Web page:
When news reached Kabul that a pair of teenagers was breaking every manner of taboo, determined to marry for love or else die in rural Bamian province, New York Times reporter Rod Nordland jumped. He had been looking for just such a story to illustrate Afghanistan’s horrifying tradition of rape and “honor killings,” as well as the courage of young people ready to challenge the old system.
Zakia and Ali had met as children — their families farmed neighboring plots — and decided when they came of age to defy their parents and marry. By the time Nordland meets them, Zakia is hiding in a women’s shelter. Her family is threatening to kill her because she has tarnished their “honor.’’
Their story makes sensational headlines about “Afghanistan’s Romeo and Juliet,” and Nordland doggedly sticks with the protagonists. The result is “The Lovers,” a rich account of Zakia and Ali’s romance that doubles as an indictment of the Afghan patriarchy’s abuse of women and the failures of all those in power, inside and outside the country, to curtail it.
Nordland follows the couple’s escape into the mountains, their marriage and honeymoon on the run, and the hair-raising manhunt that pits Zakia’s relatives against the bride, groom, and his family. Along the way a circus of Afghan and US government officials and international gadflies try to shape the fate of Zakia and Ali.
Couples like Zakia and Ali usually pay for their daring with their lives. This exceptional pair, however, doubles down on their decision to marry by going public with their tale. Miraculously, they manage to avoid being killed, although their victory seems pyrrhic. Some young Afghans find solace in the couple’s crusade, although we only learn of their social resonance in glancing references to their celebrity status.
What support the couple wins from local power brokers has more to do with ethnic and tribal loyalty than any major change of heart among patriarchal elders. Zakia and Ali enjoy what pass for moments of serenity on the lam from vengeful relatives, discovering that the married life for which they fought so gallantly includes long stretches of monotony and bickering.
For Americans contemplating their longest war, in Afghanistan, the campaign for women’s rights was a potential bright spot. The 2001 invasion might have failed on most counts, mired in torture, warlordism, and corruption, but at least the appalling position of women was supposed to improve.
Nordland’s “The Lovers” fatally complicates that optimistic narrative. In the 1980s, when Nordland first covered the conflict in Afghanistan, the United States supported mujahedeen whose main motivation to fight was to reverse the Soviets’ emancipation of Afghan women. So it was rich with irony that after the United States staged its invasion, it pushed for a flurry of women’s rights laws that improved things mainly on paper — and were undermined by the same warlords who owed their rise to American patronage.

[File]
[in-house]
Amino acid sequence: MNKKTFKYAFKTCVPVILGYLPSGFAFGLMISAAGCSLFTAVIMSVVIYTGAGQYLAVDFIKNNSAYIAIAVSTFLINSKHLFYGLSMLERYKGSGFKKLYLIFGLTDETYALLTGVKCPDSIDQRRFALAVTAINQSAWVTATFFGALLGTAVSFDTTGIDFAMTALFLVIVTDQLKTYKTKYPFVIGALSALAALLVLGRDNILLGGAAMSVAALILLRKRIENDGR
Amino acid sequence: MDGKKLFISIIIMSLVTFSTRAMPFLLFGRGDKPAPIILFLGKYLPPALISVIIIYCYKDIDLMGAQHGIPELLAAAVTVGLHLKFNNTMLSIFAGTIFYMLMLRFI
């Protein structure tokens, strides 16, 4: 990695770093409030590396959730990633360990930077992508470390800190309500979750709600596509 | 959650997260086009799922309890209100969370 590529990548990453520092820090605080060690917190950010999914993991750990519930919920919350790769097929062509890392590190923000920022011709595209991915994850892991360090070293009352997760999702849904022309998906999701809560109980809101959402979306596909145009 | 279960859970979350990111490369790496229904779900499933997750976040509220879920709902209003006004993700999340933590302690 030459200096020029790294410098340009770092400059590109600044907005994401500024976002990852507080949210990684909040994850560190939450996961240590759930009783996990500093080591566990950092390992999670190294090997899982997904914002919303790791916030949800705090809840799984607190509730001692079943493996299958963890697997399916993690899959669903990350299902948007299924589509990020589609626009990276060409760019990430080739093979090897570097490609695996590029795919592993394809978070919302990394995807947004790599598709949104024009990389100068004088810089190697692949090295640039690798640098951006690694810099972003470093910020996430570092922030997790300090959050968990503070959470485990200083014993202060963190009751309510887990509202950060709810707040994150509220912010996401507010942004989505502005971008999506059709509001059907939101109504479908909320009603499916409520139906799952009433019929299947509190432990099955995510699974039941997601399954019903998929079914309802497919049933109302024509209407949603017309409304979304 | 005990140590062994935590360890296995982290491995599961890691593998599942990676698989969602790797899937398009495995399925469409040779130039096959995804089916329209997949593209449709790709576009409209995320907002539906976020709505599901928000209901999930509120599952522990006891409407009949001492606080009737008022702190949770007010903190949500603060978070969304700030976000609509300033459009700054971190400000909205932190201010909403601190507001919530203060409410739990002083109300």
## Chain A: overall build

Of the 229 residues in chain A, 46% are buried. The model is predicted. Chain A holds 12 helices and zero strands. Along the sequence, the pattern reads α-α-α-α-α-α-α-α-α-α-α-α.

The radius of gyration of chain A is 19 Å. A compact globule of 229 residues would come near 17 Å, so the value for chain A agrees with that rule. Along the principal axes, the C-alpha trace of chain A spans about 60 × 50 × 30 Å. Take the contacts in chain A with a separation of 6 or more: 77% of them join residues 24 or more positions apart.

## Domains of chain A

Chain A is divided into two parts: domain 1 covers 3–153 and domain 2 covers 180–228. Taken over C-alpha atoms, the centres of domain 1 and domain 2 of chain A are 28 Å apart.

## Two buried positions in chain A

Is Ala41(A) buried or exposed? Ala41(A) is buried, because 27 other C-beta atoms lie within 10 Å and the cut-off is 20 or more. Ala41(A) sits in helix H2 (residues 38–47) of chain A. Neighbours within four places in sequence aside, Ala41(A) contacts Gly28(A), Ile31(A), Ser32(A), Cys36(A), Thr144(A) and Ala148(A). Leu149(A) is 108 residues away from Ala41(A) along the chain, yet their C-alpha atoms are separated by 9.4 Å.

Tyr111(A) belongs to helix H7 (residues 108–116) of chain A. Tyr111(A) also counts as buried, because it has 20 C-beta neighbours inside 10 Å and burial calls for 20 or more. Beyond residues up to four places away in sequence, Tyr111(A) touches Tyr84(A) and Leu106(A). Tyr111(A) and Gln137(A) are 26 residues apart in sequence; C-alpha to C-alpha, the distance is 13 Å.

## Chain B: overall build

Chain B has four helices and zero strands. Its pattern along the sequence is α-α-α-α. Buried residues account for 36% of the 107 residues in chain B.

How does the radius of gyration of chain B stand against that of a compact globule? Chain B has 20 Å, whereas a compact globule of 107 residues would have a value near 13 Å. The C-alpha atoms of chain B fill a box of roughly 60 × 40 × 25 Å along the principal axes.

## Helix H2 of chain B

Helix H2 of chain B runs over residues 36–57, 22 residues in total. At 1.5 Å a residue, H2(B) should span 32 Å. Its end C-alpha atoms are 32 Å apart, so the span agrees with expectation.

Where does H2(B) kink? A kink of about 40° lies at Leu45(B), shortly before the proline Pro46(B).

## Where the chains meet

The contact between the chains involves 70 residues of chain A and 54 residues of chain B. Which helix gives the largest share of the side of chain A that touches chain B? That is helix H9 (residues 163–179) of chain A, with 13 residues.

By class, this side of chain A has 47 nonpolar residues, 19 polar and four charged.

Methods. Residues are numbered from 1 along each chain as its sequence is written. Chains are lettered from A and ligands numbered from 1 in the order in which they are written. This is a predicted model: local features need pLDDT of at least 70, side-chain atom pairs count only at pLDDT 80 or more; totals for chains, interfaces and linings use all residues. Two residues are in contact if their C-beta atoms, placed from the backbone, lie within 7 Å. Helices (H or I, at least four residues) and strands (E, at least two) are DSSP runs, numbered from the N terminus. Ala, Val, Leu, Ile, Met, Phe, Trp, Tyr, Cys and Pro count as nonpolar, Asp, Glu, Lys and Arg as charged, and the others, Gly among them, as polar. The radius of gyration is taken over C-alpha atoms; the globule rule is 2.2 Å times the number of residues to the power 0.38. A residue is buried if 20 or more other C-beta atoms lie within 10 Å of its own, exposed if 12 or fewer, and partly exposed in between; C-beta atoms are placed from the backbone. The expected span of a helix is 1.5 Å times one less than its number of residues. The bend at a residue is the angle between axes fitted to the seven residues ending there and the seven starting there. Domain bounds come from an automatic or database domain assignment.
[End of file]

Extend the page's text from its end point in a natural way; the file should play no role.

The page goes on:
To contextualize Ali and Zakia’s romantic yarn, Nordland presents a tirade of stories of rape, murder, bribery, and cover-up. While this barrage of anecdotes enrages, it does not advance our understanding of the thinking of the men who run this brutal system. Nor does it explain how they secure the cooperation of their countrymen.
Ali and Zakia are simple characters, illiterate, uneducated, and young. Although they star in this account, we never fully understand why they took such a bold leap. The closest glimpse we get to their souls is through the poetic verses that Ali selects for his cellphone ringtone.
There’s another story here, which Nordland shares with admirable candor and unflinching honesty, and that is of the unsatisfying, at times distressing, encounter between Afghans and the foreigners who have come to save, subjugate, or chronicle their country.
Almost from the first, Nordland dispenses with sanctimony. Journalists are supposed to maintain objectivity and avoid becoming part of the story. But in war zones, lines get blurred, and Nordland refuses to ignore his responsibility to be humane and help his subjects.
He gives Zakia and Ali money, lobbies for them with government officials, arranges a getaway car, and choreographs one abortive flight abroad.
The couple proves maddening and headstrong. They routinely ignore advice, dodge phone calls, and surface only when they need help or money. They might frustrate their allies, but Nordland respects their agency and independence of thought. They might not make the wisest choices, but the point is they act empowered in a society where few do.
The American government offers little aid, seeming reluctant to grant asylum to persecuted Afghans because it would undermine the line that Afghan women are better off since the Americans came.
All the more reason to chronicle this bittersweet, ambiguous love story. Zakia and Ali haven’t changed the status of Afghan women, and Nordland’s relentless reporting hasn’t shifted US policy. But the very acts of successful resistance and honest storytelling provide much-needed seeds of hope.
THE LOVERS: Afghanistan’s Romeo and Juliet, the True Story of How They Defied Their Families and Escaped an Honor Killing
By Rod Nordland
Ecco, 384 pp., $26.99Thanassis Cambanis writes The Internationalist column for Globe Ideas and is a fellow at The Century Foundation in New York. His most recent book is “Once Upon a Revolution: An Egyptian Story.’’